Tim Sutton offers a non-sensational, highly intellectual cinematic response to the 2012 megaplex shooting in Aurora, Colo.
With a title easily confused for Christopher Nolan’s Batman movies — including the one that inspired an amateur super-villain to open fire on an unsuspecting cineplex audience in Aurora, Co. — Tim Sutton’s “Dark Night” is at once a glib play on words and a sobering rumination on the mindset of a suburban America simultaneously obsessed with and plagued by gun violence. Offering a paradoxically intimate and inscrutable glimpse into the lives of half a dozen could-be victims, the film challenges traditionally passive audiences with tough questions — an art-film provocation heightened by the sly fact that Sutton’s poetic social critique will soon find its way from rarefied film festival screenings to the sort of escapist popcorn venues it depicts.
Compared to topical ensemblers that come right out and explain their politics, using each character as a mouthpiece for a different facet of the writer-director’s position (a la “Crash” or the low-grossing gun violence satire “All the Rage”), “Dark Night” takes an approach so understated, audiences may struggle to make sense of its deliberately ambiguous and highly elliptical style. “What exactly is Sutton trying to say?” one can almost hear them asking, when in fact, the director prefers to let viewers observe, free-associate and arrive at their own conclusions — an approach cultivated across his two previous features, “Pavilion” and “Memphis,” which have placed him among the country’s most intriguing cinematic anthropologists.
The film opens in virtual abstraction, as songstress Maica Amata’s otherworldy vocals carry us from a black screen to an extreme closeup of a young woman’s eyeball bathed in red and blue lights. This pretty young blonde (Ciara Hampton) could be watching a movie or, as the next shot reveals, merely staring into space, seated on the curb beside a flashing police cruiser, having just witnessed an incident far more horrifying than the movies could ever portray. Sutton has no intention of depicting the shooting itself, although he does wind the clock back to earlier that morning, observing the mundane daily activities of this collection of total strangers, united by their desire for escapism — and ultimately betrayed by a lunatic determined to corrupt the presumably safe, virtually sacred space of a movie theater.
Americans go to the cinema for myriad reasons, but first and foremost seems to be a desire to substitute the ennui of their own lives for vicarious entertainment. Here, cycling among a handful of souls who will come together later to watch “Dark Night” (a ubiquitously marketed movie whose three-eyed logo has been plastered on walls and lampposts all around town, a la “The Dark Knight’s” Joker-driven graffiti campaign), Sutton illustrates the frustrations each is trying to get away from, while blurring whether his cast are playing characters or merely appearing as themselves.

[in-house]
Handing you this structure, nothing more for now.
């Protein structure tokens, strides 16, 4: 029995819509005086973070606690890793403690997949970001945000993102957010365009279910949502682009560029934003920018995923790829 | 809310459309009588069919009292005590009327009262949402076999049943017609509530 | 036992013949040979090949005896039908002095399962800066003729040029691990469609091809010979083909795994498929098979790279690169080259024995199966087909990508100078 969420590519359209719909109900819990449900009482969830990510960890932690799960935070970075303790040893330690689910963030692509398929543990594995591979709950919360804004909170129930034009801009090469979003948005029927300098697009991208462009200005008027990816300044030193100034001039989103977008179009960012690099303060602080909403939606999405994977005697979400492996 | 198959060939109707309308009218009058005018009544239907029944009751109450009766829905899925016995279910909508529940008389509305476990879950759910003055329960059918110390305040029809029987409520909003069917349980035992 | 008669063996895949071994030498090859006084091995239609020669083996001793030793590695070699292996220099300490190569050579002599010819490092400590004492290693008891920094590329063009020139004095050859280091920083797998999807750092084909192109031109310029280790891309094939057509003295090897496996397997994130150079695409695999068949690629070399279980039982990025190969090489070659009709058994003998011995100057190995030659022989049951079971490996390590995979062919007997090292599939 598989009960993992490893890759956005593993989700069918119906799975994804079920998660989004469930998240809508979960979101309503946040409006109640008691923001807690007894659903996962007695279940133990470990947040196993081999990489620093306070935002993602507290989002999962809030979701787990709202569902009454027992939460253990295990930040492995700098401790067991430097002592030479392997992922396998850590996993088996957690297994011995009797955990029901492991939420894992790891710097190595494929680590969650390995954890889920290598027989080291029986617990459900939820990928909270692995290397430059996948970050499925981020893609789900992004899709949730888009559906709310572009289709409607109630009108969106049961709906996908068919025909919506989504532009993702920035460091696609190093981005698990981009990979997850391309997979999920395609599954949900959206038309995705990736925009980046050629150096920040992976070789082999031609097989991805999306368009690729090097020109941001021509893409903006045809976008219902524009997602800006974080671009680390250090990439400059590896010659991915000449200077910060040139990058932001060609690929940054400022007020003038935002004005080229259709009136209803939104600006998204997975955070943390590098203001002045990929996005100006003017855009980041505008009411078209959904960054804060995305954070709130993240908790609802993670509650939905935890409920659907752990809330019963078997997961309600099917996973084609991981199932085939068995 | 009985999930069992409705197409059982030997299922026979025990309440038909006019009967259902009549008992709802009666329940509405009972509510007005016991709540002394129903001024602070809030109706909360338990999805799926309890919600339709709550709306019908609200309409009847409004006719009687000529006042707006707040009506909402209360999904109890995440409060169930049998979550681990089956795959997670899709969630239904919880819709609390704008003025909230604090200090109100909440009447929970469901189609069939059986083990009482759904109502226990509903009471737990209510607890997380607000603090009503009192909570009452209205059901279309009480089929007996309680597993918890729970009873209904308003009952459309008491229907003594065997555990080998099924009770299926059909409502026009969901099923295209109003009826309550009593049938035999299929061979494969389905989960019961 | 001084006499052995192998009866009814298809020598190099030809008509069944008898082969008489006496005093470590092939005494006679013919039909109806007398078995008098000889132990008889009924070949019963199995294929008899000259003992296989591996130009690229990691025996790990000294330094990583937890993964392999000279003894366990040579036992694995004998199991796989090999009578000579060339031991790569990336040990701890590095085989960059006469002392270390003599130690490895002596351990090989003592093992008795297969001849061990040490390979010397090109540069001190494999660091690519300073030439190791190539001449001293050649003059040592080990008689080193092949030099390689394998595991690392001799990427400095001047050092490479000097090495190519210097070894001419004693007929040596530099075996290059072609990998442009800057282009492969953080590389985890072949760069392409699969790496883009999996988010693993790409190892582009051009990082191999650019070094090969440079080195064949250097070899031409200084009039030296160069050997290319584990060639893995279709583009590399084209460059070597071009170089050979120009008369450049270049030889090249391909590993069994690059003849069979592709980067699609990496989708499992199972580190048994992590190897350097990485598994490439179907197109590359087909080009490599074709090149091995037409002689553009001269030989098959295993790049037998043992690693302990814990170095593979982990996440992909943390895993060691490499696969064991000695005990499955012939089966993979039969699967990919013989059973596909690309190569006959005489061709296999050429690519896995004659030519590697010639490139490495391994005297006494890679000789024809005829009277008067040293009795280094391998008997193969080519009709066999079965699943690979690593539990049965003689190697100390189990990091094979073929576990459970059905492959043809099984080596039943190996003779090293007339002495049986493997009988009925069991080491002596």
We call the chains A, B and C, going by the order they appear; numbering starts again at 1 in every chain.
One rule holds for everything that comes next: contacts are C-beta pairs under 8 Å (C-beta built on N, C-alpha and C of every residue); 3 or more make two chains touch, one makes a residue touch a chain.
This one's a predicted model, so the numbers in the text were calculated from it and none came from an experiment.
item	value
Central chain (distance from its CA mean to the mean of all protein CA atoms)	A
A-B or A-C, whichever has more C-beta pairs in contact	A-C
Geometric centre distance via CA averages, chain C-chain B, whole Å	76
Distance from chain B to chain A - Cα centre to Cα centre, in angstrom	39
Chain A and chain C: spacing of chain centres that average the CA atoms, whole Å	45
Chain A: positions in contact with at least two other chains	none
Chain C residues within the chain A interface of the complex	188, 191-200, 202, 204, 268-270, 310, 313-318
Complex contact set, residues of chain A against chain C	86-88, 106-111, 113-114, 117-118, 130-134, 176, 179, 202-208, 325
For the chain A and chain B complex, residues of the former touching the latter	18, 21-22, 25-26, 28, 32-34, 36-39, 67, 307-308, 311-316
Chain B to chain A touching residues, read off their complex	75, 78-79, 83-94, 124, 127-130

We meet Aaron Purvis, who plays with snakes and dreams of being on the news, interviewed on the couch beside his mother, as if his past might explain his actions. (But what has he done?) There’s Anna Rose Hopkins, a frustrated actress obsessed with fitness who’s constantly taking selfies (but for whom?); minimum-wage-earning superstore workers Rosie Rodriguez and Karina Macias; vacant-eyed Robert Jumper, who walks his dog and daydreams about killing the girl who rejected him; military veteran Eddie Cacciola, who spends his free time cleaning his firearms; and Andres Vega, an affectless skater inexplicably inspired to dye his hair bright orange, the way Aurora perp James Holmes did.
Any of these characters could be the killer, and indeed, Holmes’ defining features appear to have been divided up and distributed among them, though the film expressly avoids trying to understand why the Aurora shooting happened. Rather, it emphasizes the profound loneliness these disconnected Americans feel in their respective lives. Their deaths are a tragedy (even if we don’t know which ones were ultimately killed), and yet, so too are their lives in various ways: empty, incomplete and almost zombie-like. They are unfulfilled, celebrity-envious consumers trying to get by amid an endless expanse of parking lots, shopping malls and middle-class homes — a cultural mentality embedded in each meticulously composed frame, even if such specific sentiments are never spoken outright.
Though the framing, blocking, music and sound design of each shot lend themselves to the big screen, the experience also feels akin to paging through a coffee-table photo book, as we grapple to make sense of this frequently abstruse, context-thin sequence of observational tableaux. Making her U.S. debut, veteran French d.p. Helene Louvart (“Pina,” “The Beaches of Agnes”) brings an outsider’s eye to suburban Sarasota, Fla. Despite similarities to such philosophical indies as “Elephant” and “Fruitvale Station,” this seemingly cold and somewhat distant approach will surely frustrate many American audiences, though it should give “Dark Night” traction abroad, where the pic’s ubiquitous gun culture is all the more chilling.